The terahertz spectrum is gaining momentum in a wide range of fields including astronomy, material characterization, tumour detection, security and detection of concealed items, etc. among others. The main obstacle in the rapid growth of terahertz applications is the lack of natural dielectrics, and of high power, efficient sources. Emergence of metamaterial science and technology has attracted researchers to design and develop terahertz devices using these artificially engineered materials. These metamaterial structures are highly resonant, restricting the terahertz applications to narrow bands. This issue can be sorted out by designing active metamaterials.
As discussed in the Chapter 5, mathematical formulation for the design of metamaterial based structures is complicated and soft computing has proven to be an efficient method to arrive at design solutions. Further, terahertz devices themselves often are complex designs being multilayer in nature with an embedded metamaterial layer. Further, to make the devices tunable, mechanisms such as the MEMS switches, diodes, etc., should be incorporated in the design. In order to achieve an optimized design with these complex mechanisms one ought to go for a multi-objective optimization computational engine. This issue has been discussed in detail in this chapter via a tunable terahertz absorber design.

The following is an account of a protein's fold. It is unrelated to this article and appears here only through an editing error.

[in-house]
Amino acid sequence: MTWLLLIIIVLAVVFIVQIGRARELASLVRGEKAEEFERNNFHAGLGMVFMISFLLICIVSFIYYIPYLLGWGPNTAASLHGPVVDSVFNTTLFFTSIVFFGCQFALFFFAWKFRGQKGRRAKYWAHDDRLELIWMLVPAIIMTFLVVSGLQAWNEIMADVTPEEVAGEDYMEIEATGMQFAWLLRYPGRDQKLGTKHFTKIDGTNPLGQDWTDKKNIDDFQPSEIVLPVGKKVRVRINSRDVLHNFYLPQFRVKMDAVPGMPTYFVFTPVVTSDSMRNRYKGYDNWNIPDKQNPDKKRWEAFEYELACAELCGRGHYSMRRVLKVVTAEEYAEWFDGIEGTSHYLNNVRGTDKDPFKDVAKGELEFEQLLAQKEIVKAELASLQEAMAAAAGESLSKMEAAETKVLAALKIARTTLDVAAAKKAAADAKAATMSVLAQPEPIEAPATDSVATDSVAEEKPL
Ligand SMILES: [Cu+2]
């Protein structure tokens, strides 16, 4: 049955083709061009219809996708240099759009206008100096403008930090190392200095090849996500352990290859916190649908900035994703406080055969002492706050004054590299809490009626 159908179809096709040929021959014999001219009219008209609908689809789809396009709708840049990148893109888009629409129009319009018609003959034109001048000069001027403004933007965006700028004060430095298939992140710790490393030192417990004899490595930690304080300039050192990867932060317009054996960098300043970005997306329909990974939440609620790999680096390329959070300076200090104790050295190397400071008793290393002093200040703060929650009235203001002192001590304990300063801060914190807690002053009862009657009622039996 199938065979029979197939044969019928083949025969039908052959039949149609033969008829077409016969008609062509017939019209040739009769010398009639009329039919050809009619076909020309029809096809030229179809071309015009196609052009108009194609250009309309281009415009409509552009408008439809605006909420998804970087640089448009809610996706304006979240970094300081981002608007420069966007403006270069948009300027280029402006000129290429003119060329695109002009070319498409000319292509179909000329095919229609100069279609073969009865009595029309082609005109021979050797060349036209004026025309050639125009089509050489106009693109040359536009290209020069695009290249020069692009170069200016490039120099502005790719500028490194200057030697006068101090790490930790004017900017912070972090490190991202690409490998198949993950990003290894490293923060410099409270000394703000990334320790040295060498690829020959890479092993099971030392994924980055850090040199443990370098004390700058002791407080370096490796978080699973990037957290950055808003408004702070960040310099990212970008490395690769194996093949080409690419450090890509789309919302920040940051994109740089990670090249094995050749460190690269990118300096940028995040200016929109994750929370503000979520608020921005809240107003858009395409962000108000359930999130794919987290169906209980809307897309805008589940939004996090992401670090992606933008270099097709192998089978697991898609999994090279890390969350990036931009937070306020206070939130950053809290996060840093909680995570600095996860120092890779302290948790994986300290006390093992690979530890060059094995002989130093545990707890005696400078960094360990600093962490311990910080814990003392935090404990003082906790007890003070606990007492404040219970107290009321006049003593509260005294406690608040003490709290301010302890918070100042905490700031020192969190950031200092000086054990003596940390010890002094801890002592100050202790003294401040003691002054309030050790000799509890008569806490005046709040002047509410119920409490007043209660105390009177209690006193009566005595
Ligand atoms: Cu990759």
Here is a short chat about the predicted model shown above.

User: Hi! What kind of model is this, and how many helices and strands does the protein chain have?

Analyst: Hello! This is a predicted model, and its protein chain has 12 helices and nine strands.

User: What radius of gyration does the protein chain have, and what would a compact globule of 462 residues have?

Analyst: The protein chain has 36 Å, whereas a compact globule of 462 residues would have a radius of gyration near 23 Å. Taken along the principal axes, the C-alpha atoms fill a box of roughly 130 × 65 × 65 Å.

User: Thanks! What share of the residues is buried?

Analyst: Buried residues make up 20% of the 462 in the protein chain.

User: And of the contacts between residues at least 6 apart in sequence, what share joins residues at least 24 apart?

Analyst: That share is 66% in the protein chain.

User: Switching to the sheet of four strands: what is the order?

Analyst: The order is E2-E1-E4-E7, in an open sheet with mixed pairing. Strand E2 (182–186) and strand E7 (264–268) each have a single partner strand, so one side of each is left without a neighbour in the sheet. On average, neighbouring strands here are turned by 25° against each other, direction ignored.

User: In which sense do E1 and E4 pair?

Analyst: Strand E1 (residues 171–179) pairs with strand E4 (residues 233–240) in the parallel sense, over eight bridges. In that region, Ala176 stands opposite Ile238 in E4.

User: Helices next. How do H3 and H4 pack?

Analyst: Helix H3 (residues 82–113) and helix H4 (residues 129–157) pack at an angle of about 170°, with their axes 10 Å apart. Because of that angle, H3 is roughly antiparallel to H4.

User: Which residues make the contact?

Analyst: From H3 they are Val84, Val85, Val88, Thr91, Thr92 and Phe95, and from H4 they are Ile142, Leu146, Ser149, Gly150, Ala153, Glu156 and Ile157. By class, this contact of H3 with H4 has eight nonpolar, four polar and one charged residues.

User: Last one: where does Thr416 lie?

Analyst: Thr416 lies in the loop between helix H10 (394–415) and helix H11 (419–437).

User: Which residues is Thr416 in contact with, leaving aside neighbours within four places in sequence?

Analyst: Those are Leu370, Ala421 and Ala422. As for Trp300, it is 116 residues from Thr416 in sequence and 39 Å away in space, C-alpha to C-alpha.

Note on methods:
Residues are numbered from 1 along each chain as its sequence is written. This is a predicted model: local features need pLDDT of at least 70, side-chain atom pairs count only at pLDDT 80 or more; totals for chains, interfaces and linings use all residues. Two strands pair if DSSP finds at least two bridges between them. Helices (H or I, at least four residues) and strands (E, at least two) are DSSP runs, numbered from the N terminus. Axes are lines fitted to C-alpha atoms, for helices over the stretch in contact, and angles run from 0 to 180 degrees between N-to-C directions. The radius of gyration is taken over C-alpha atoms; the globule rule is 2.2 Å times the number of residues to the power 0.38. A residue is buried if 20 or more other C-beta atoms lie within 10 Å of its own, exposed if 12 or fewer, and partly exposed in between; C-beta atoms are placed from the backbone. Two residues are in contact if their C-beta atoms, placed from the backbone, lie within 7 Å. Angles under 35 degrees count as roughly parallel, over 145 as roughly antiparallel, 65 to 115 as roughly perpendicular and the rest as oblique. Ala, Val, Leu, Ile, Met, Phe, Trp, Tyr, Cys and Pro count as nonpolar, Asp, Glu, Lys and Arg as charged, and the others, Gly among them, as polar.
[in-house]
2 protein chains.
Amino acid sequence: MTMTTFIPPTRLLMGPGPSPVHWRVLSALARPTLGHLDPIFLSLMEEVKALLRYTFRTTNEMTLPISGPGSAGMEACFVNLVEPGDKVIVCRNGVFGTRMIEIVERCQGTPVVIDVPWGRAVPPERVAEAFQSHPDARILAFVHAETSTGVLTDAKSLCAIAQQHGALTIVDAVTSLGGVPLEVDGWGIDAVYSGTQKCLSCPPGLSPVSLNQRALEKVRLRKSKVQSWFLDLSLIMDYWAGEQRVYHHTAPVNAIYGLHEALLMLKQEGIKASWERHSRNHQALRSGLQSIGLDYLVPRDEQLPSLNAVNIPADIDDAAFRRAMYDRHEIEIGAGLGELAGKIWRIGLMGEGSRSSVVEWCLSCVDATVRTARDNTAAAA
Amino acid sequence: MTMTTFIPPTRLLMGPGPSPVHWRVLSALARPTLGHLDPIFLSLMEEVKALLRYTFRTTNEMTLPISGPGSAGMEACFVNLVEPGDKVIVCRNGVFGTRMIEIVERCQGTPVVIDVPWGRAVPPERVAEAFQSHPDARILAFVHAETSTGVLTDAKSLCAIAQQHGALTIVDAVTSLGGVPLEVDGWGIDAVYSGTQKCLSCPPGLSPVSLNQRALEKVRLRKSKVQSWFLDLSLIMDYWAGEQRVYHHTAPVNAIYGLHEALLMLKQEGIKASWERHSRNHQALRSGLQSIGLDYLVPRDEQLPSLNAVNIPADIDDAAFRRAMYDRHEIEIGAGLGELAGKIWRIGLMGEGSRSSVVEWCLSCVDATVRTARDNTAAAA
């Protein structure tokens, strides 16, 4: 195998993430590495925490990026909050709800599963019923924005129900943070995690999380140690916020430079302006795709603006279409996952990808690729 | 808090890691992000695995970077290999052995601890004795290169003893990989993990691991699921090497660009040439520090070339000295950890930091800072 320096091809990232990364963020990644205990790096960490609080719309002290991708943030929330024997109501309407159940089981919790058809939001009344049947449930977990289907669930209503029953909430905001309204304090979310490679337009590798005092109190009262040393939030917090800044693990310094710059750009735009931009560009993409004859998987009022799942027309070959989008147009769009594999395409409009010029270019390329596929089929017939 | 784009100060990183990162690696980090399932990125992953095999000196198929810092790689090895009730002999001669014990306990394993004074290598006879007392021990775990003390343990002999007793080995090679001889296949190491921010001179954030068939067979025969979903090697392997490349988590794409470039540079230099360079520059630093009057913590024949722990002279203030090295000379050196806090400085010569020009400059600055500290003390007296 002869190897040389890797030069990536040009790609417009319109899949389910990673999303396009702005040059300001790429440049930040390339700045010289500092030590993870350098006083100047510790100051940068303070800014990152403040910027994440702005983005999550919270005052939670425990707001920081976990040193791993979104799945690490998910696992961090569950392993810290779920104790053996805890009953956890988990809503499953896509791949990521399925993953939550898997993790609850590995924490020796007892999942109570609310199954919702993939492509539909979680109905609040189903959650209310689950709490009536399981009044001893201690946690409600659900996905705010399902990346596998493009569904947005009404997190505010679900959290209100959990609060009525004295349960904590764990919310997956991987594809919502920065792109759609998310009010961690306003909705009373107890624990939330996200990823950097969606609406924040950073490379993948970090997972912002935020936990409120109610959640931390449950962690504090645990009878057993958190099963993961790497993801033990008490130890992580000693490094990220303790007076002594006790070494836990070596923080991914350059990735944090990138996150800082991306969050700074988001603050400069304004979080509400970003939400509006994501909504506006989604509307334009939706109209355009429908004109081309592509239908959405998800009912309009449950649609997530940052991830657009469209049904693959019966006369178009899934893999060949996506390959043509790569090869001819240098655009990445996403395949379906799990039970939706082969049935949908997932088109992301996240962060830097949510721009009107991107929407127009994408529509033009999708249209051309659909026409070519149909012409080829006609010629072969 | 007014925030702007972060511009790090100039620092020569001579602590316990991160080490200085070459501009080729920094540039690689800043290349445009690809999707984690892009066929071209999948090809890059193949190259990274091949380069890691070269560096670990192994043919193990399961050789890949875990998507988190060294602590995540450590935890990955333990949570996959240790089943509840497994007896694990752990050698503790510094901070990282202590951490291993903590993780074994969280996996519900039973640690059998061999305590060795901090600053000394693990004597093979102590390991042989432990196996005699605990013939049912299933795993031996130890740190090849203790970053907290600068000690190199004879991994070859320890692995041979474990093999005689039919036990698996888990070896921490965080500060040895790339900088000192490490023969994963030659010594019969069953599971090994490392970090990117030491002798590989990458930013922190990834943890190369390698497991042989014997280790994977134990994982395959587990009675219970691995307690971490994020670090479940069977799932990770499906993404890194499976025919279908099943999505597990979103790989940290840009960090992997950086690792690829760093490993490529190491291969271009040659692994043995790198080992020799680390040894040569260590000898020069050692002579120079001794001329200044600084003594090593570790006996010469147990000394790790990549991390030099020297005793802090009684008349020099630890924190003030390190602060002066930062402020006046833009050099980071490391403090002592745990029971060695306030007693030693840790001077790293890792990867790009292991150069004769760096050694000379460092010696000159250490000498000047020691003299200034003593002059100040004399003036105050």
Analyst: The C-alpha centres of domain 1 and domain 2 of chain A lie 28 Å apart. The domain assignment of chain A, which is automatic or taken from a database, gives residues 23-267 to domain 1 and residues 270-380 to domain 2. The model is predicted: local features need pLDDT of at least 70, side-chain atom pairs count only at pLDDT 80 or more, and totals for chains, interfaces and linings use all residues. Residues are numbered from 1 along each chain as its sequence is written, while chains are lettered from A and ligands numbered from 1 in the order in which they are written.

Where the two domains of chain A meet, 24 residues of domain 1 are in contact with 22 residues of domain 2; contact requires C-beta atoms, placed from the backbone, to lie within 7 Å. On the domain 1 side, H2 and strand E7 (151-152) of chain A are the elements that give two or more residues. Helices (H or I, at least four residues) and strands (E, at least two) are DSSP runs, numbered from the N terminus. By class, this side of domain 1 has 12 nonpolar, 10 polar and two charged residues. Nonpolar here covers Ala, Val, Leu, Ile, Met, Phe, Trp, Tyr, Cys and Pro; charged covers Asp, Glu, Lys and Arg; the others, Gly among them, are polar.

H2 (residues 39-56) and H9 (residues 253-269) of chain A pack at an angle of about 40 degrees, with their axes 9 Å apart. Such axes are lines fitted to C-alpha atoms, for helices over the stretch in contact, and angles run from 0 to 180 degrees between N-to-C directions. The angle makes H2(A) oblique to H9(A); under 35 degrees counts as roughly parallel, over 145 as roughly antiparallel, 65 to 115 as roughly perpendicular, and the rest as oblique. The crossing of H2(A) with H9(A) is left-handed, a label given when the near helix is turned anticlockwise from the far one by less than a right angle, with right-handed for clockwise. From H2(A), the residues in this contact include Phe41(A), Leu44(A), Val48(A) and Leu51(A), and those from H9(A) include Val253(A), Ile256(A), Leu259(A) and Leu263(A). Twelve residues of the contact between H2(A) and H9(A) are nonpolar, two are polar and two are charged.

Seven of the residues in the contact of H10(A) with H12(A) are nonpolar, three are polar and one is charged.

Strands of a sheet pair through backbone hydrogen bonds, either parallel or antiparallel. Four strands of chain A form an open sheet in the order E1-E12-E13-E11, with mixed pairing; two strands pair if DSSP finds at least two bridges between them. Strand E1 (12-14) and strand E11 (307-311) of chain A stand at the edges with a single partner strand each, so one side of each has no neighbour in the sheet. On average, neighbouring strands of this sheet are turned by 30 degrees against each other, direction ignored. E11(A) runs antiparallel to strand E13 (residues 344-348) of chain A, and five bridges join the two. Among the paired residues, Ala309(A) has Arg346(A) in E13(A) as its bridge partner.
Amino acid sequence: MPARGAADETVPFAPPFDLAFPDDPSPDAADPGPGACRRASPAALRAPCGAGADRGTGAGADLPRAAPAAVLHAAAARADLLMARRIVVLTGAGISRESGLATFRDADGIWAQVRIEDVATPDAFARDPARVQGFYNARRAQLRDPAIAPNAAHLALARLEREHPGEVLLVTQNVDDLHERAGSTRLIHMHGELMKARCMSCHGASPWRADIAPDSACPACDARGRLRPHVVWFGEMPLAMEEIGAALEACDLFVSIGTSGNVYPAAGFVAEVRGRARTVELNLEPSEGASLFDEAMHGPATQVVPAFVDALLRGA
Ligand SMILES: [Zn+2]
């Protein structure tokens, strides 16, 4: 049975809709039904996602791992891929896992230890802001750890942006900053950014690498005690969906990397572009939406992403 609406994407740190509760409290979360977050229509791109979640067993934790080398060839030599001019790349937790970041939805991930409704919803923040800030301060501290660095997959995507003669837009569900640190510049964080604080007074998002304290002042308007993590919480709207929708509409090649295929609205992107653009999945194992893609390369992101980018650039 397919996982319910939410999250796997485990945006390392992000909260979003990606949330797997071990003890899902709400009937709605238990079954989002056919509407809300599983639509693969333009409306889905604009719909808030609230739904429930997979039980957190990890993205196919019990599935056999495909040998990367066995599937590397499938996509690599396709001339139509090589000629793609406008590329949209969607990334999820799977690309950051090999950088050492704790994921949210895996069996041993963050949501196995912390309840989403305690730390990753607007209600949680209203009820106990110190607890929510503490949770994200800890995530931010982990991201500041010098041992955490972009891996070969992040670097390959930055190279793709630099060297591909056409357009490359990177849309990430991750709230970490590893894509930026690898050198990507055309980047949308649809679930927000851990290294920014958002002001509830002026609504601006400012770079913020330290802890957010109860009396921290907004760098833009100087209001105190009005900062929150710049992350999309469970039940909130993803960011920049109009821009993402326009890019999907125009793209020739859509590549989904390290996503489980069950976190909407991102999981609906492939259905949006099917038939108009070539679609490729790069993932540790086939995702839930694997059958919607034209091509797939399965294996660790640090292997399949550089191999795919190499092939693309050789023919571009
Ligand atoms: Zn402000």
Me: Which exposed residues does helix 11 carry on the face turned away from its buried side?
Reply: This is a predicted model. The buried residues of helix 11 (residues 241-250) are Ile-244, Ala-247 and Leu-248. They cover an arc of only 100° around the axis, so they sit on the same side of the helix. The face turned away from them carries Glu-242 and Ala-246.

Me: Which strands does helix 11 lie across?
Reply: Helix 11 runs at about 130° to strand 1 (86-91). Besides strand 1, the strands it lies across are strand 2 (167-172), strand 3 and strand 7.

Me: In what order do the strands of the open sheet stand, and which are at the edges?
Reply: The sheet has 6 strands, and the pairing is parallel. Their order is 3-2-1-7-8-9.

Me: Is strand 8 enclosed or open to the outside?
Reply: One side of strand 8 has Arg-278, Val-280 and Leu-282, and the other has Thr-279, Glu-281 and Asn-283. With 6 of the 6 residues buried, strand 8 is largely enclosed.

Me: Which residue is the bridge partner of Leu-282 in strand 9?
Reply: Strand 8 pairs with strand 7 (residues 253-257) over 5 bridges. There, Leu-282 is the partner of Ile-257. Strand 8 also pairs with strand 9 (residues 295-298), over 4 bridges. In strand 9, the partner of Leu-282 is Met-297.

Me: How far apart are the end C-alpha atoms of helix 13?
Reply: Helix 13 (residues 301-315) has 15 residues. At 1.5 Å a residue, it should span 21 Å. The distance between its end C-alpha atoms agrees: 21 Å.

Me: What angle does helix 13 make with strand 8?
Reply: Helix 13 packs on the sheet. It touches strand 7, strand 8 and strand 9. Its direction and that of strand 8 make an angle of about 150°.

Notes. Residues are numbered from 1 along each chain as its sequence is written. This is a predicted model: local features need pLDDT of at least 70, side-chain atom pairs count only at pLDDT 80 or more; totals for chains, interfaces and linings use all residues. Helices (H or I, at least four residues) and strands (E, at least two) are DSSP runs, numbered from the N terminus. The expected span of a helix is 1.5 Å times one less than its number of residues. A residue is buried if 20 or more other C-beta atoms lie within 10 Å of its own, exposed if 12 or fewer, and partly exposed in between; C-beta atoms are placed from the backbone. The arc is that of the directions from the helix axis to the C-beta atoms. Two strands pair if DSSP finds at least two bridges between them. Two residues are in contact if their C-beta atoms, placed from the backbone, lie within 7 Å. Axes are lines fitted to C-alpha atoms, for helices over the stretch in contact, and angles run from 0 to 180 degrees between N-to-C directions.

Introduction to Terahertz Technology
Terahertz refers to the range of frequencies that lies within the microwave and infrared (IR) bands. It can be loosely defined as the band between 0.1–10 THz. At times, the term “submillimetre band” is used to describe frequencies lying in the 0.3–3 THz band. While systems and applications operating in the microwave and IR ranges have been well established over decades, the development of terahertz technology has been slow. However, in recent times, this technology has evolved rapidly to find major applications relating directly to human lives, especially in the field of biomedical imaging and sample identification.
Properties of terahertz spectrum
The primary reason for this slow developmental trend was the lack of terahertz sources during the early years, coupled with the fact that this range displays a natural break-down point in electric and magnetic properties in conventional materials [Ferguson and Zhang, 2009, Smith et al., 2004]. This property put constraints on the material used in the fabrication of terahertz devices.